Cycle and Dredge takes a different approach on how to scan Magic cards. We put a lot of thought into it. There were some challenges. But ultimately, we are happy with where we landed with our approach on how to scan Magic cards.
How can you scan Magic cards, and what are the differences compared to other apps?
Both of those links will explain how to scan Magic cards into your MTG collection. They will also explain the best way to scan your MTG cards as well.
So, I suppose we need a little back story and explanation. While this might be a bit boring for some people, it adds some context behind our decisions.
Most MTG collection apps use something called perceptual hashing to compare Magic cards. This works by taking a digital fingerprint of a card image (turning it into a number) and comparing it against other known fingerprints. If two fingerprints match closely enough, the MTG app will make a guess that the card you are scanning matched closely enough with a card in its database and offer that card as a match.
This works great because scanned cards have a higher potential chance of associating itself with the right set as well.
Quickly doing perceptual hashing requires apps to be made specifically for a certain device. This is one of the reasons why most MTG apps that scan Magic cards are apps and not websites.
Webapps are dandy!
Cycle and Dredge didn’t want to make an app for a smartphone, though. As nice as apps are, they require a lot more person-power to make and maintain correctly. We opted to go the website route so that we could pay more attention to a single app rather than spread ourselves to thin.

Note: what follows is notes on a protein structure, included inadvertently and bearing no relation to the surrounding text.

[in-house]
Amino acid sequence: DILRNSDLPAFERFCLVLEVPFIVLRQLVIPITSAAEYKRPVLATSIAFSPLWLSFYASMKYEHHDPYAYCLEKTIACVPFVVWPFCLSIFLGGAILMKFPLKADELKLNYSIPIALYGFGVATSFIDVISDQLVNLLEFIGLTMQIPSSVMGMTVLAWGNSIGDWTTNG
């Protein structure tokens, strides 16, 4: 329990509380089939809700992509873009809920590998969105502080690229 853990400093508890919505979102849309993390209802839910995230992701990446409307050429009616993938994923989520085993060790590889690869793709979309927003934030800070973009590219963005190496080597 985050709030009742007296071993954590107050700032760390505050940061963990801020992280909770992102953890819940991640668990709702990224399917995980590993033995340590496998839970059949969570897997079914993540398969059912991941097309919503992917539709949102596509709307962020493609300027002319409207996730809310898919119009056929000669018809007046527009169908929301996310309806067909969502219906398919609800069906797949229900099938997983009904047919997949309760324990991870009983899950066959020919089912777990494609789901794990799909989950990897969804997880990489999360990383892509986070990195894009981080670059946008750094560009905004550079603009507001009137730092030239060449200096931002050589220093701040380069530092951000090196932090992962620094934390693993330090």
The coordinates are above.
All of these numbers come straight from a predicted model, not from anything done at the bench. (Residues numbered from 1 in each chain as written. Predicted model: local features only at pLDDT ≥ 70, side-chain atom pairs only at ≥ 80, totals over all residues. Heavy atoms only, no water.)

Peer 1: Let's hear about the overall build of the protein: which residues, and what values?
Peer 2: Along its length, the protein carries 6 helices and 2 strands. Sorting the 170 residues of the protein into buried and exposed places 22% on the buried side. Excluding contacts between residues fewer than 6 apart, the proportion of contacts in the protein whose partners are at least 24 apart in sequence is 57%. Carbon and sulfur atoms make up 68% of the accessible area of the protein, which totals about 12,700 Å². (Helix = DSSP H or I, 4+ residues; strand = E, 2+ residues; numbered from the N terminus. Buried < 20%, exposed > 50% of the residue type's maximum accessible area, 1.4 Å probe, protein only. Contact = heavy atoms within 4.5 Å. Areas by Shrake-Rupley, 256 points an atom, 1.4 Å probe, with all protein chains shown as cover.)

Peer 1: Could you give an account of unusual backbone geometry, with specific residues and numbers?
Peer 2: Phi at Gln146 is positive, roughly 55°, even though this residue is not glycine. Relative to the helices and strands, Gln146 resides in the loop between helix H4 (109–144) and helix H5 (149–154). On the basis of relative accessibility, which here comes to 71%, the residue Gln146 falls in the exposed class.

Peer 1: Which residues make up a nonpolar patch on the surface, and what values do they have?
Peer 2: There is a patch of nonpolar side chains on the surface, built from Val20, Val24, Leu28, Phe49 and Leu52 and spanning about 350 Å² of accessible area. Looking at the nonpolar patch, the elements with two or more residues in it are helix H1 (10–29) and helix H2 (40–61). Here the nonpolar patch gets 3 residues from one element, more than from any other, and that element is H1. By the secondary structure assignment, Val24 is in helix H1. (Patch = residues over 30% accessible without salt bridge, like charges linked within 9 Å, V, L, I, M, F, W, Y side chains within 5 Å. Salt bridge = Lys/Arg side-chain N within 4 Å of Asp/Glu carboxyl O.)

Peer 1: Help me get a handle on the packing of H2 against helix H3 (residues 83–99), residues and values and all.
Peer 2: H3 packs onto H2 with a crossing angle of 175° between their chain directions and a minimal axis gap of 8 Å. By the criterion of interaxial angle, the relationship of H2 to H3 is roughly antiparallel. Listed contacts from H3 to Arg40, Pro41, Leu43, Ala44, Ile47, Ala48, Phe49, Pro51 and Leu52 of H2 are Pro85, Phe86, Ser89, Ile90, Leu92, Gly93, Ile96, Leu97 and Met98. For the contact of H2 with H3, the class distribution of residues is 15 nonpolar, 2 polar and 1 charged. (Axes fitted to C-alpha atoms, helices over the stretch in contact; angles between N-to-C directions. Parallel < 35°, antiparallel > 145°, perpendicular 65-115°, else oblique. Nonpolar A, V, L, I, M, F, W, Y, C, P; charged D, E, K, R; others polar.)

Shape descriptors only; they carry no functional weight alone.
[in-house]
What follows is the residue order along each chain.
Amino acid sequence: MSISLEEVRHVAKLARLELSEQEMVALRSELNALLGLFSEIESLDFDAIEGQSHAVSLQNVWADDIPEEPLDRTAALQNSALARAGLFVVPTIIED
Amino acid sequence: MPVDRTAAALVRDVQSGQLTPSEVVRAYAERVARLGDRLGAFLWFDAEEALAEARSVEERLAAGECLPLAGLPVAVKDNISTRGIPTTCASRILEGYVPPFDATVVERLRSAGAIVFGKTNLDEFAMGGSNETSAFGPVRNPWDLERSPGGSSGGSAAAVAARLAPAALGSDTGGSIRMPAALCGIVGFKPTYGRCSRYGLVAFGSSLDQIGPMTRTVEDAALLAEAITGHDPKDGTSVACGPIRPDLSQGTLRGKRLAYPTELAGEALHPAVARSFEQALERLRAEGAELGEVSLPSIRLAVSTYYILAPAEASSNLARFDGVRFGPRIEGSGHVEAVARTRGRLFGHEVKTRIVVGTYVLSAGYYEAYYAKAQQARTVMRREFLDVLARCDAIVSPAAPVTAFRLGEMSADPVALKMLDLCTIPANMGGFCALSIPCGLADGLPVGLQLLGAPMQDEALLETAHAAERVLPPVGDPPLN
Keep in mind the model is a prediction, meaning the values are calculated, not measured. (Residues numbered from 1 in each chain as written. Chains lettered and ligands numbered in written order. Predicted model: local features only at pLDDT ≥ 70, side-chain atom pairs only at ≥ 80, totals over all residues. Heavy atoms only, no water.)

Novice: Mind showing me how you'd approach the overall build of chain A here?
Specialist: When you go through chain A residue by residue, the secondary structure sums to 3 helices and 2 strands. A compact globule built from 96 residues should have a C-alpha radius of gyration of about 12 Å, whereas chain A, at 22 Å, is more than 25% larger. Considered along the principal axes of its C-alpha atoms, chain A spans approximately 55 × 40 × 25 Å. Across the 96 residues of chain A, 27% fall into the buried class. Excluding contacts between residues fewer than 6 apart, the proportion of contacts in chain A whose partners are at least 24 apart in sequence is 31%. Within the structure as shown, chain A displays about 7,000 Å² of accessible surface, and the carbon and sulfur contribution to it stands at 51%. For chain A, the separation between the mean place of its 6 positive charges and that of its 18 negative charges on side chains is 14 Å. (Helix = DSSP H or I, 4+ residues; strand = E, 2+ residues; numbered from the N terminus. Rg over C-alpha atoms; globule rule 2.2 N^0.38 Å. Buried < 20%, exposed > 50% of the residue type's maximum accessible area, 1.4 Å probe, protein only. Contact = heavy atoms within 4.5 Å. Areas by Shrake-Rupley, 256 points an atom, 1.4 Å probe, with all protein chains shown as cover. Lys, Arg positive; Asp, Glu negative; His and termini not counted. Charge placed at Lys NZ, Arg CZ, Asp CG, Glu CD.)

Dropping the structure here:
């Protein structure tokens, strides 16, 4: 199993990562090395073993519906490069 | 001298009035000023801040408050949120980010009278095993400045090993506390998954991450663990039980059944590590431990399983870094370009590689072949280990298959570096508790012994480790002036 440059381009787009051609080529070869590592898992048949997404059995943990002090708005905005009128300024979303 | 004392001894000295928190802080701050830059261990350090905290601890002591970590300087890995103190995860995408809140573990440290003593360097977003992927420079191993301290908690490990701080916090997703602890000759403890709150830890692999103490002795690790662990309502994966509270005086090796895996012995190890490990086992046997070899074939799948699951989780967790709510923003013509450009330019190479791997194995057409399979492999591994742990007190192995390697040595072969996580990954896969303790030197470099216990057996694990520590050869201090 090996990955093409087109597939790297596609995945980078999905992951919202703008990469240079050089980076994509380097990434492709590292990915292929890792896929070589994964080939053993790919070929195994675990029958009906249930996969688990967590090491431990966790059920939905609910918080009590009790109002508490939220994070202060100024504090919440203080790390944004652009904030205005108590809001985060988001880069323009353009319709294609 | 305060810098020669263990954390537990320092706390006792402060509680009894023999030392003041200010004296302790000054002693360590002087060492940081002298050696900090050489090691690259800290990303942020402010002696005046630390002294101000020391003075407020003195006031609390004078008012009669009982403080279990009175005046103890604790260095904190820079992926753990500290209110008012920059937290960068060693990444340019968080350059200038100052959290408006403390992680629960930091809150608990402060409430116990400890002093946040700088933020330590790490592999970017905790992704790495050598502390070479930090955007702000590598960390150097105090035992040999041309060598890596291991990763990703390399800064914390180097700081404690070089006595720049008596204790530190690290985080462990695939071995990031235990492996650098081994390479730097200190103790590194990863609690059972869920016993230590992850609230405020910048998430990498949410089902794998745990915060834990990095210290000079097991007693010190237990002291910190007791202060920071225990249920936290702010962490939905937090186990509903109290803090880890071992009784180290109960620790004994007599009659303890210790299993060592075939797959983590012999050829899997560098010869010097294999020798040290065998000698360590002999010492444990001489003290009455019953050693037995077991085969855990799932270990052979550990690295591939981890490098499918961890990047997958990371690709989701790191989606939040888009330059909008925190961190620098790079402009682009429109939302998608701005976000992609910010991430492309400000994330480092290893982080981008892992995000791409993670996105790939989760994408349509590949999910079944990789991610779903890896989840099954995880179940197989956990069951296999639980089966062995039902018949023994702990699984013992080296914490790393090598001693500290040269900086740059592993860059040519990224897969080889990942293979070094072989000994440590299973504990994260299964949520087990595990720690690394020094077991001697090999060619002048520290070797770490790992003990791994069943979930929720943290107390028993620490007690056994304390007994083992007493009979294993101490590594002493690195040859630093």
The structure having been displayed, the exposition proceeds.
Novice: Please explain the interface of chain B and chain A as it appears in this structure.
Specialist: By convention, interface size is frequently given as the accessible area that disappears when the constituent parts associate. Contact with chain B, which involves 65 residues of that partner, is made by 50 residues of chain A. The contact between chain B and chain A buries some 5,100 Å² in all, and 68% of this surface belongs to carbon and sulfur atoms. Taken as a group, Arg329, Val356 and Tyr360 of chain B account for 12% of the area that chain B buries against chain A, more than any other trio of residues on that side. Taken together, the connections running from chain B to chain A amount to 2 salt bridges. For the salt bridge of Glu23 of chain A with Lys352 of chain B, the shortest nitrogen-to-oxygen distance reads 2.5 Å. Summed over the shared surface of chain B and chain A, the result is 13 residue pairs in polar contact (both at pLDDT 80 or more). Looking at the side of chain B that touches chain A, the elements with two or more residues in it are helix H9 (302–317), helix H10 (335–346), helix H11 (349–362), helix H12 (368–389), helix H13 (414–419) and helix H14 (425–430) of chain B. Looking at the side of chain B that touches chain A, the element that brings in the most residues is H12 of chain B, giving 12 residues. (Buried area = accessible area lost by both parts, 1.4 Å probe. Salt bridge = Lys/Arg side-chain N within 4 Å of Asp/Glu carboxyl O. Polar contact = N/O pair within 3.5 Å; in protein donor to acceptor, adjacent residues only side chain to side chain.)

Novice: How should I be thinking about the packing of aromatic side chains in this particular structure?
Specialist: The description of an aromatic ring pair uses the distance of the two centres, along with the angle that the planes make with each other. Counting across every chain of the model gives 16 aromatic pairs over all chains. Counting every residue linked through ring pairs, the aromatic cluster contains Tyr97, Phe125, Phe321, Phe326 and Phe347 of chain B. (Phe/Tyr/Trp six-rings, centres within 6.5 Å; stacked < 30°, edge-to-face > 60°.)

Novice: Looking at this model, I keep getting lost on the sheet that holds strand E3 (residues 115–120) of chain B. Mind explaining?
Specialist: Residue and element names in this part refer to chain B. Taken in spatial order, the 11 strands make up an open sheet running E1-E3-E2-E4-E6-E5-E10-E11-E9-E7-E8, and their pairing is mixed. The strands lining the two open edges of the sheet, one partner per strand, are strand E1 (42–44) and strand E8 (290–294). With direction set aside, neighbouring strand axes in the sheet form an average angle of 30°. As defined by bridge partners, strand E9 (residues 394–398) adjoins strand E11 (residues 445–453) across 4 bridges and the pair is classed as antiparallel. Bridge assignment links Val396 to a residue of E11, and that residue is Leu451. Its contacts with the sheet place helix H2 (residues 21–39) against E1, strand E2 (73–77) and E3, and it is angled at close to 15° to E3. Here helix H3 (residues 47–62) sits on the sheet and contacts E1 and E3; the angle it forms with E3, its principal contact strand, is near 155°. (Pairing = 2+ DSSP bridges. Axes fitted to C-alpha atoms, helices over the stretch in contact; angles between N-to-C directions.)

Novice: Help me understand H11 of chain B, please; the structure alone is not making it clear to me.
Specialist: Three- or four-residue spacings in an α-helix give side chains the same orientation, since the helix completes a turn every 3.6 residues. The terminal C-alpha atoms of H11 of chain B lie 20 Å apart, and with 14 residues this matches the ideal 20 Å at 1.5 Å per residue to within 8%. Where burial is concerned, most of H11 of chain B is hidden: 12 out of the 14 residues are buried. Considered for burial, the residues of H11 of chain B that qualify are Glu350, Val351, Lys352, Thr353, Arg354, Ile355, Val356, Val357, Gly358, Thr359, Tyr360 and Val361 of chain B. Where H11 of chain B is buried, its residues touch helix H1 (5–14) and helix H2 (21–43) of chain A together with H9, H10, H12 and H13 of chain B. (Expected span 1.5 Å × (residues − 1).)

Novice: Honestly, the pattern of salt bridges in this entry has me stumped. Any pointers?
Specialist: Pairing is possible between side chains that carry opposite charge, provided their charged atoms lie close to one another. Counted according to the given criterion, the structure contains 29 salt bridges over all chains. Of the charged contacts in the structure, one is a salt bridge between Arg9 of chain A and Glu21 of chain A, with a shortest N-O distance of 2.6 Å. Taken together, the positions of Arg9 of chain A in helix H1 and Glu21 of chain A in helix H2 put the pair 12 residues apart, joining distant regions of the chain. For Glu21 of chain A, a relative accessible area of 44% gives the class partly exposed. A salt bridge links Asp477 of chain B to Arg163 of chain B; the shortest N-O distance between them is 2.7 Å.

That creates another issue, though. Doing perceptual hashing on a card image in a web browser can be slow compared to a dedicated app. So, we investigated other ways to make this work.
We ultimately landed on the OCR (optical character recognition) route. So instead of creating fingerprints of cards, we read the text on the cards directly.
Drawbacks of using OCR
This has disadvantages, though. For instance, rather than turning the image you scanned into a fingerprint, and transferring just that fingerprint to the server, we must transfer the entire scanned image. This adds additional time while scanning card images. Likewise, because there is no text indicating the set or set code that scanned card came from, we must guess the set a card came from a little.
Advantages of using OCR
There are advantages by using OCR, too. It’s not all bad. One of the biggest advantages is that we can scan multiple cards into our MTG collection at once. With proper lighting and a good smartphone camera, I have been able to achieve scanning an entire binder page of cards at once. Even better, I was able to scan cards through a couple of empty spots under binder pages.
After doing some testing and speed runs comparing scanning Magic cards into our collection using both our method and other popular apps, we found it took just as long to scan Magic cards using Cycle and Dredge, when scanning multiple cards at once, as it did using other apps. Of course, other apps still hold the speed record for scanning single cards at a time, though we try and make up for this by optimizing our manual card entry feature so it works as fast as possible.
Cycle and Dredge will work on a way to add perceptual hashing scanning as soon as we can make it work correctly. Once we get that figured out, both options will be available to everyone. Until then, we feel like we came up with a good solution that works for anyone with a browser and a camera. The Cycle and Dredge MTG camera scanner works with a smartphone or a computer with a webcam.
Accounts are free!
So, give it a try today! Don’t forget, you can also import your existing collection into Cycle and Dredge with a CSV sheet as well. Take a look here for more information about that.